The key observation is that, for the week ending 17 April, when mortality hit its peak, the 2,713 non-Covid ‘excess’ deaths among care home residents accounted for the bulk (65%) of all (4,204) non-Covid ‘excess’ deaths across the population as a whole – see Chart 1.
What this means, if the explanation which follows is valid, is that care home residents suffered most of what may be called the ‘collateral damage’ arising as an unintended consequence of the March 19 decision to clear NHS hospital beds and focus on Covid.
At the peak of the crisis, there were widespread reports of normal medical support simply being removed from care homes.
Ambulances would not turn up to take emergencies to hospital, since capacity had to be kept clear for Covid cases. In-person GP house calls were replaced with occasional telephone calls.
In the absence of any expectation of active medical support, care home residents were encouraged to consider what instructions they should give in the case of serious illness from whatever cause, with many opting for DNR (do not resuscitate).
At the same time, care homes were being asked by NHS Trusts to accept discharges without knowing the coronavirus status of the patient concerned.
In the nature of the things, it is unlikely that the source of infection can be traced, but it is likely that hasty discharges were the port of entry of coronavirus into some care homes.
Meanwhile, shortages of PPE must have aided transmission.
The scenario described here – absence of normal medical care exacerbated by PPE shortages – is the only one that can satisfactorily explain the concentration of collateral damage (non-Covid ‘excess’ deaths) as well as Covid deaths within the care home population.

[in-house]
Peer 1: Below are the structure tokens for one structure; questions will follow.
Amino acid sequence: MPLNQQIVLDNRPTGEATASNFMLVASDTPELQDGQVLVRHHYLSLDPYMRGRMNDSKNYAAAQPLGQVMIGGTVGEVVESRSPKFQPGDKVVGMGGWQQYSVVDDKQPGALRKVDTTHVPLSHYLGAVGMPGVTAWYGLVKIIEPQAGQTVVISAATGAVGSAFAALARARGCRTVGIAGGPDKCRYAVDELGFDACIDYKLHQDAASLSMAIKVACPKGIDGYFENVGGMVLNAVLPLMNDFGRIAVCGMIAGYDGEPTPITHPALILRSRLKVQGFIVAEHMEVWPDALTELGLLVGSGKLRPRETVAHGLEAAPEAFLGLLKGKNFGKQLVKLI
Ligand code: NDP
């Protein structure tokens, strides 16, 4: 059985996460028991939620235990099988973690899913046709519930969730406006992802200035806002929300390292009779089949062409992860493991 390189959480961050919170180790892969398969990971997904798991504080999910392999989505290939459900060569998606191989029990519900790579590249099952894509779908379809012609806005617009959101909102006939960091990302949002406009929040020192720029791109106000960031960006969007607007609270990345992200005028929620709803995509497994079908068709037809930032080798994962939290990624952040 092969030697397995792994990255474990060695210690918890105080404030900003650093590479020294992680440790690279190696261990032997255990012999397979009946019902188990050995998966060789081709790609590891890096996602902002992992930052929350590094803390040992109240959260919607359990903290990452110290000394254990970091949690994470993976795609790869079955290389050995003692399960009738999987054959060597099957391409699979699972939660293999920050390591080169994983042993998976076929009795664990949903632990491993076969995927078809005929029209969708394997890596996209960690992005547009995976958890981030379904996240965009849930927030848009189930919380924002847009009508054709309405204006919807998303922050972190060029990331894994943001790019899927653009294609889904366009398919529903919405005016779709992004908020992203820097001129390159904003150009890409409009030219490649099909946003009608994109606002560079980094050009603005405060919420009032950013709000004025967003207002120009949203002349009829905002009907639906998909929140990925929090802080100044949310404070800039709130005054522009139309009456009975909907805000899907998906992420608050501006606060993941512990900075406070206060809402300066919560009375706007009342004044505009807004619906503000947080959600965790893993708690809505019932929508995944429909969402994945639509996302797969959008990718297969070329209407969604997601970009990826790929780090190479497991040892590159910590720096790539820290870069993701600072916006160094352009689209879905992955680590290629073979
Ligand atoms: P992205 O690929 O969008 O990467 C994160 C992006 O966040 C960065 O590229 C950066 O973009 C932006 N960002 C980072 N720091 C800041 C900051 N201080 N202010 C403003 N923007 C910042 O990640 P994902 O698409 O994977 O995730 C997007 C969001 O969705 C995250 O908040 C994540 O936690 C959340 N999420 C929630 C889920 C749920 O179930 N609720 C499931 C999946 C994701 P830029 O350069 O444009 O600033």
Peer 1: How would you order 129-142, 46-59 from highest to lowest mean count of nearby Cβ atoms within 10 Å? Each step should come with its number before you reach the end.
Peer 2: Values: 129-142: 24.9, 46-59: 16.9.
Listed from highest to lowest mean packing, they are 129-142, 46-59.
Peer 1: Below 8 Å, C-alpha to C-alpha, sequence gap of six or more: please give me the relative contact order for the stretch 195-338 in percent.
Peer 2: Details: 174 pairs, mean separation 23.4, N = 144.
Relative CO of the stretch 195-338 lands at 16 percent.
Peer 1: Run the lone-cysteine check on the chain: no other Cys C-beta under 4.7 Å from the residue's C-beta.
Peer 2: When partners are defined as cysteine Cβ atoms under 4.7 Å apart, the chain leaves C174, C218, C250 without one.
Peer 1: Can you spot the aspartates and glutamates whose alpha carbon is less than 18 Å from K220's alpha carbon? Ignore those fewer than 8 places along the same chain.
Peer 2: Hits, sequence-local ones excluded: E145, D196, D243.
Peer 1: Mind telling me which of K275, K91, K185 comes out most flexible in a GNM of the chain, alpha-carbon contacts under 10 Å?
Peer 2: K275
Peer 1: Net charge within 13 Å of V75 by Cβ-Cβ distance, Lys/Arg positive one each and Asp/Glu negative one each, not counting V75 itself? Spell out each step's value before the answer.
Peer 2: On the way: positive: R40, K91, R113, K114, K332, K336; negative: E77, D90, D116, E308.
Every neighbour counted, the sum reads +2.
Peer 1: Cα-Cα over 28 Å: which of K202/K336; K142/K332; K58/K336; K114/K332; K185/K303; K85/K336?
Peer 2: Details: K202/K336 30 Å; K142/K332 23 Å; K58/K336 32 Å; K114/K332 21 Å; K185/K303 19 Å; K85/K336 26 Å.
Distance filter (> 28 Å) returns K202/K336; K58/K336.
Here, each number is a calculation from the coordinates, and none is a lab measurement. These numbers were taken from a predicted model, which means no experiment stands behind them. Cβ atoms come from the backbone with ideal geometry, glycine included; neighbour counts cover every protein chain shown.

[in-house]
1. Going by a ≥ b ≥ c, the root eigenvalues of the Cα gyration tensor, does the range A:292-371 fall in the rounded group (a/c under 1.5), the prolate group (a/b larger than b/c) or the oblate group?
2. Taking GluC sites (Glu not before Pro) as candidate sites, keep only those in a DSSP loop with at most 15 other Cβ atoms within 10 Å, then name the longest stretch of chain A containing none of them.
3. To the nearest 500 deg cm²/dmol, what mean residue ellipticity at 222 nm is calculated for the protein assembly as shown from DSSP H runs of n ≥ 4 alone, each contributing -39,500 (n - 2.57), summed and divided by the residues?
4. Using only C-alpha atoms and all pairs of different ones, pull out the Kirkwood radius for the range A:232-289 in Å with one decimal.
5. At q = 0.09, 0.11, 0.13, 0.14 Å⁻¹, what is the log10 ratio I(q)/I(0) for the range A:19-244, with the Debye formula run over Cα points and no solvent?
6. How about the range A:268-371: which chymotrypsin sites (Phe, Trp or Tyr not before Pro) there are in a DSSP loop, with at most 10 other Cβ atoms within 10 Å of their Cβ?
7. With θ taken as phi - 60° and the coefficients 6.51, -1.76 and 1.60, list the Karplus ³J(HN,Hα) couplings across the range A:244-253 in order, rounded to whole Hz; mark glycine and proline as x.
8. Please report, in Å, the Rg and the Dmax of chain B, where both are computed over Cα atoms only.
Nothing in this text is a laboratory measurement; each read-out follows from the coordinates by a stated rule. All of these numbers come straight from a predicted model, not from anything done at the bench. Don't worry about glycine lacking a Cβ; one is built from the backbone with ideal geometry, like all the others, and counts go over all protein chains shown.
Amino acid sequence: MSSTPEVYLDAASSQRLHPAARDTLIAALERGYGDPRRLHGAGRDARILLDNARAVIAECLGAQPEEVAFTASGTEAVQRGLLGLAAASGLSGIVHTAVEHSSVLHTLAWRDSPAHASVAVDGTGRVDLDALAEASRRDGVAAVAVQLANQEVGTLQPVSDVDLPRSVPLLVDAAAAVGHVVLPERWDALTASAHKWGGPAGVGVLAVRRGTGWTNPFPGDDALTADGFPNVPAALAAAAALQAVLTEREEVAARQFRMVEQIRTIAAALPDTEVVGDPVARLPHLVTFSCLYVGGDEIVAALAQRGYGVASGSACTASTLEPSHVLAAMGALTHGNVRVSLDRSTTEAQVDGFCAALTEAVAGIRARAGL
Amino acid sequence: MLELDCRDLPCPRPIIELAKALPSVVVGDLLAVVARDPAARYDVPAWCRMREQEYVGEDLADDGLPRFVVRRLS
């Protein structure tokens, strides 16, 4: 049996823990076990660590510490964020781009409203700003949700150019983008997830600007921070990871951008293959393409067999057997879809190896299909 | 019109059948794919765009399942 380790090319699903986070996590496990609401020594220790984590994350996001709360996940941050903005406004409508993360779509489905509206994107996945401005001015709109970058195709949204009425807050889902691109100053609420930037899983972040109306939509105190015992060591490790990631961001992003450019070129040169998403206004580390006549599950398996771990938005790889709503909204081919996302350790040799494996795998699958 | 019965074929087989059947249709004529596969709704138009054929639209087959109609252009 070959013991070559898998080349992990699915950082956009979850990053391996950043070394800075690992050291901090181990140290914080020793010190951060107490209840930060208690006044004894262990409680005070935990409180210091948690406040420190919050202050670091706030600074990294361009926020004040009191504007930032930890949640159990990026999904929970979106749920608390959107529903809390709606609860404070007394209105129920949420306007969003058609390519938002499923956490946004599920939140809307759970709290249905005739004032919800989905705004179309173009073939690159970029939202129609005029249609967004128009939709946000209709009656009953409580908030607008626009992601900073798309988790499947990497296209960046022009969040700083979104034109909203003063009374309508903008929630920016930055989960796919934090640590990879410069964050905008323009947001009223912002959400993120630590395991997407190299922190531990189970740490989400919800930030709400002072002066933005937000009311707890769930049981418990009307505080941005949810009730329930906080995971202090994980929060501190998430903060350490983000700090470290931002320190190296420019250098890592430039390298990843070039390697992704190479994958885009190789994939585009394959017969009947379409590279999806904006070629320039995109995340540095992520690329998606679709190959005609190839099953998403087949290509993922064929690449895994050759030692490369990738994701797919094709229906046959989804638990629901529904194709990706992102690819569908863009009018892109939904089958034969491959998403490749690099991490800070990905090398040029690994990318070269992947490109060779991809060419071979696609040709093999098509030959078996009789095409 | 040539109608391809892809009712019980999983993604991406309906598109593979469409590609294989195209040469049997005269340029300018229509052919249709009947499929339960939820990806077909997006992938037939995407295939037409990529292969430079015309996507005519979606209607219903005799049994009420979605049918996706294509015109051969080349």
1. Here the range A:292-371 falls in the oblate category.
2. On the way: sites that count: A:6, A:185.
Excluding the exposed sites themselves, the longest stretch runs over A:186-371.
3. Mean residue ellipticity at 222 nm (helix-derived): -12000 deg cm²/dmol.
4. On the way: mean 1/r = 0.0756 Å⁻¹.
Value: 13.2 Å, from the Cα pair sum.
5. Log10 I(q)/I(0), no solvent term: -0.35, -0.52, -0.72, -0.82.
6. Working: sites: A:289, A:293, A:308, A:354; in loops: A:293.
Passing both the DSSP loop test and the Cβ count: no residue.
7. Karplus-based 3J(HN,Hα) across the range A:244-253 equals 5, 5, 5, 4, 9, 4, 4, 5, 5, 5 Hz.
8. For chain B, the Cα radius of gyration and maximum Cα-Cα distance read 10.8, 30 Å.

The pandemic is now on the wane. With information available up to 8 May, it looks as if Covid-related and non-Covid ‘excess’ deaths will be approaching zero by the end of May, following Farr’s law of a roughly symmetrical bell-shaped rise and fall in mortality.
If so, and assuming no second wave, the final death toll from Covid-19 and other ‘excess’ deaths combined looks likely to reach about 52,000, of which about half (26,000) will have been care home residents – nearly all of them living in older people’s care homes.
Before the coronavirus emergency there were 314,000 residents of older people’s care homes in England.
That figure will have fallen to about 288,000 by the end of May, mitigated by whatever new admissions are taking place. There is no central collection of new admissions, so the net fall will probably not be transparent.
Severe cost pressures are likely to remain long after excess mortality has worked its way through. PPE will remain in use, if only as a precaution, for several months to come.
It will also take time for vulnerable older people and their families to regain confidence in care homes as safe places, and demand for substitutes such as live-in homecare and housing with care will be boosted.
Over 90% of older people’s care home capacity is now in the hands of independent sector providers, mainly for-profit. The whole sector will be under intense financial pressure in the coming months, not only from loss of income as a result of reduced occupancy but also the massive costs of PPE.
To some providers the threat is existential. Care home operators will join the long list of businesses looking to the government for financial support. To date, the government has pledged £3.2bn to help local authorities to cover Covid costs, but this is for all council services, not just social care.
Some of it is now filtering through to care services, but it looks certain that the care home sector will be looking for substantially more financial support from the government than is on the table now.